A pilot crashed an MQ-9A Reaper at the Nevada Test and Training Range last year after becoming distracted by checklist procedures and missing warning signs of a stall, the Air Force said Thursday.

According to an accident investigation board report released by Air Combat Command, the Reaper — which was assigned to the 432nd Wing at Creech Air Force Base in Nevada — took off under the control of a launch and recovery element on June 7. After reaching the cruising altitude of 8,500 feet, the launch and recovery crew started handing control of the Reaper over to the crew that was meant to fly it on the training mission.

However, after receiving control of the Reaper, the pilot set its power too low to maintain level flight, the report said. Because the pilot was distracted by handover checklist procedures, the pilot didn't notice the stall warnings at first. By the time the pilot tried to increase the power to recover, it was too late, and the Reaper crashed about two minutes after the handover. The $11.1 million Reaper was destroyed on impact. There were no injuries, fatalities or damage to private property.

The report said that the pilot's "misprioritization" — or focus on completing the checklist and failure to notice the warning signs and act to correct the stall in time — was the primary cause of the accident.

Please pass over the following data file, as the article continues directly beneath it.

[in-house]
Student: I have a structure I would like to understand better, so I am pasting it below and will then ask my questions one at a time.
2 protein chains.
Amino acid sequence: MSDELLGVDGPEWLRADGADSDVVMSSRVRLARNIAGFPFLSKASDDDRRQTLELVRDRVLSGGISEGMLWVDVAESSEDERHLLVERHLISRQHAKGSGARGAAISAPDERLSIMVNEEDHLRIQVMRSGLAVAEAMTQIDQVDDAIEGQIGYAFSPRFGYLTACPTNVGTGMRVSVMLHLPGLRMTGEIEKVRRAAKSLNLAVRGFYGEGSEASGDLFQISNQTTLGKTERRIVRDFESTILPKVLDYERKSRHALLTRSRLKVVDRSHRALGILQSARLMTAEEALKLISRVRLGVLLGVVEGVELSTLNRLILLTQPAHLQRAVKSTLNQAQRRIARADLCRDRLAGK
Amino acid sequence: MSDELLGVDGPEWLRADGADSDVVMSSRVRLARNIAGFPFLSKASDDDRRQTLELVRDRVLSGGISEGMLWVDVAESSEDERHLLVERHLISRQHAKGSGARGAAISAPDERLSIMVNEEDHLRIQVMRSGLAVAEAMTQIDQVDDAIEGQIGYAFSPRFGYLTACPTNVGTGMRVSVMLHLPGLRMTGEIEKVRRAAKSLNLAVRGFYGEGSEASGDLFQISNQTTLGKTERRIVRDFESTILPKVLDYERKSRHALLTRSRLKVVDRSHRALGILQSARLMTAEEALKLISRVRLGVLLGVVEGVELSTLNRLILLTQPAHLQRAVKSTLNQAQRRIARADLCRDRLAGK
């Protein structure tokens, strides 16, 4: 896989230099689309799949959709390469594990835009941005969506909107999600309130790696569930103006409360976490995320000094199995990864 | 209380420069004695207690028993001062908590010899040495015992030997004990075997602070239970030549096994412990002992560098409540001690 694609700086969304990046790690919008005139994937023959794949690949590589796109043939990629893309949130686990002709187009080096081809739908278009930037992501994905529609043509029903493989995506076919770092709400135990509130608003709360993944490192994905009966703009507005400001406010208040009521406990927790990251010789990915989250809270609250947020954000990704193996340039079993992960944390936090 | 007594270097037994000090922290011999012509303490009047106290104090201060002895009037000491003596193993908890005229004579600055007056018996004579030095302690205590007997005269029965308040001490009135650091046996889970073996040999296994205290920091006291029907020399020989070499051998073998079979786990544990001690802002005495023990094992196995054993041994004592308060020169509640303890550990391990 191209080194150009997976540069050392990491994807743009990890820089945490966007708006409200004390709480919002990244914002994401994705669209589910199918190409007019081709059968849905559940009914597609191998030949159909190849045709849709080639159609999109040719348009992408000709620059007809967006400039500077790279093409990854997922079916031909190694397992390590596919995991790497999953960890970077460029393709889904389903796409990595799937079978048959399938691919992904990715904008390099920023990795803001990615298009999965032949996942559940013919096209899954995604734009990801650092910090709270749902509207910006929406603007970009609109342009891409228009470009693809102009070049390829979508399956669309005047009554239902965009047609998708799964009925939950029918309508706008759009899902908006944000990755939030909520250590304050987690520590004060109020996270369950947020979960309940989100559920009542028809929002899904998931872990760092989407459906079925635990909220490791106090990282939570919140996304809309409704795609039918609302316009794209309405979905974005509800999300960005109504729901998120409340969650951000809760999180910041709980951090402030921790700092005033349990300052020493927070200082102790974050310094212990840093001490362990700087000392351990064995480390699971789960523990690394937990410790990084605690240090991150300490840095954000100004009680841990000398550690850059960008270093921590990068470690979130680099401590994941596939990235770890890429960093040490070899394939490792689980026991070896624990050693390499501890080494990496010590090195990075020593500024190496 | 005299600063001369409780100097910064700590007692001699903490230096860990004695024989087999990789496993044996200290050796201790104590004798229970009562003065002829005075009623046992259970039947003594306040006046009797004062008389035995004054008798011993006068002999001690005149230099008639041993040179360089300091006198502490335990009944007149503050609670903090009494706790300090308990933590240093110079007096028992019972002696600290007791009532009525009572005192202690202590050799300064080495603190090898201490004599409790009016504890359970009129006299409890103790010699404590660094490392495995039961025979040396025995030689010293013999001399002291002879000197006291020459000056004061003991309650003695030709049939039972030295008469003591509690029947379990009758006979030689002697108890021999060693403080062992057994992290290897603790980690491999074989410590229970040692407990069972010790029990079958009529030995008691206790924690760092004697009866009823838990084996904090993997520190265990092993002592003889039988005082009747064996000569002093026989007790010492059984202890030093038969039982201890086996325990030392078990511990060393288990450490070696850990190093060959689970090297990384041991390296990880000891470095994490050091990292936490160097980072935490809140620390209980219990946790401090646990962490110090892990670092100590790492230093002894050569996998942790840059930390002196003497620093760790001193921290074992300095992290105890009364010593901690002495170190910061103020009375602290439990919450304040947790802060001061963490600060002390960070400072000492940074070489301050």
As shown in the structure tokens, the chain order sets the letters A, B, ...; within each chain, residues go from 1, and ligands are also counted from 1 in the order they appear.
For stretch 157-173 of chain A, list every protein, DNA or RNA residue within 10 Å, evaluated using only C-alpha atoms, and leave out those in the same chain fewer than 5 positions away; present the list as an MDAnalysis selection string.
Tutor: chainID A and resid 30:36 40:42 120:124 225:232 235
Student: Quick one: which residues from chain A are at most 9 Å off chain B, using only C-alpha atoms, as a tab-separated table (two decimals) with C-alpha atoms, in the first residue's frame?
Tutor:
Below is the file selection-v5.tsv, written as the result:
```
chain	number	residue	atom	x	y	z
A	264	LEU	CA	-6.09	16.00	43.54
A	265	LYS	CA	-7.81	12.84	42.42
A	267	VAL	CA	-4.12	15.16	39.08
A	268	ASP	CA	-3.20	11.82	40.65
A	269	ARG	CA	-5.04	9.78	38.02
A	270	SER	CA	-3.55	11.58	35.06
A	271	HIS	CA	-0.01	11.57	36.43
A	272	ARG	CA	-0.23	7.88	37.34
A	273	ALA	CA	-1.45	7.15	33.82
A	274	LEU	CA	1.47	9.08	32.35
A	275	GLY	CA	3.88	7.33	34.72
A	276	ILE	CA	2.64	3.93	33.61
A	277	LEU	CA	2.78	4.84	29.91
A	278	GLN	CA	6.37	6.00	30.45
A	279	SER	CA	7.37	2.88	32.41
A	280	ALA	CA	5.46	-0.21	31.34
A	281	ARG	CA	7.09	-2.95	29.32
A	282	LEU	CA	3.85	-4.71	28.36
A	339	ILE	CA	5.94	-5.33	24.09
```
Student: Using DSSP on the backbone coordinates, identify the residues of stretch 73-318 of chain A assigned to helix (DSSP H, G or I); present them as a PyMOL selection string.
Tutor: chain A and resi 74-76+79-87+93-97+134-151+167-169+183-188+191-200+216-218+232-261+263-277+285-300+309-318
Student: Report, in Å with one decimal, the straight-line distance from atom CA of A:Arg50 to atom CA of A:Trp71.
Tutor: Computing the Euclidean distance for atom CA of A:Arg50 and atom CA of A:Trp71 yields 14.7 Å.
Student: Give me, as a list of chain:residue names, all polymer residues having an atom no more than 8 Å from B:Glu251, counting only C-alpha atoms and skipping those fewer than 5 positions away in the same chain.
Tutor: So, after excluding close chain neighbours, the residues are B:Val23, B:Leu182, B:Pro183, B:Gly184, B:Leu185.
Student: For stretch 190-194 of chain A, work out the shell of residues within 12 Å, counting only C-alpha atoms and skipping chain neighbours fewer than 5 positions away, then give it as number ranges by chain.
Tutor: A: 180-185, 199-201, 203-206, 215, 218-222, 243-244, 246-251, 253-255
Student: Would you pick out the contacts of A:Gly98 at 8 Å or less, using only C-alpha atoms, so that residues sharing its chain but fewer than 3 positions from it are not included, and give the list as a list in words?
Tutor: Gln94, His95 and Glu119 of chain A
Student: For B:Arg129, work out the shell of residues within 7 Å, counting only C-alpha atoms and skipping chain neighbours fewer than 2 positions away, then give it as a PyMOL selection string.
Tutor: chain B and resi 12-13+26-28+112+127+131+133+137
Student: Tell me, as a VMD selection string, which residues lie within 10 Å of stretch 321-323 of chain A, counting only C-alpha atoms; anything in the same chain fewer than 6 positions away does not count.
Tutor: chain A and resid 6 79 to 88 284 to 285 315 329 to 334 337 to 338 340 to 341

"I started to realize the plane was stalling while I was in the other [handover] checklist procedures," the report quotes the pilot as saying. "At that moment in time I was prioritizing the [handover] checklist."

The crew's loss of situational awareness and failure to realize they had accepted the handoff of the Reaper at about 500 feet below the preset altitude substantially contributed to the crash, the report said.

The crew didn't realize the Reaper was climbing to reach the preset 9,000-foot altitude, and instead thought it was ascending on its own, according to the report. The pilot switched from autopilot to manual, or landing configuration, which disables stall protection and automatic adjustments to airspeed and altitude, and helped lead to the crash.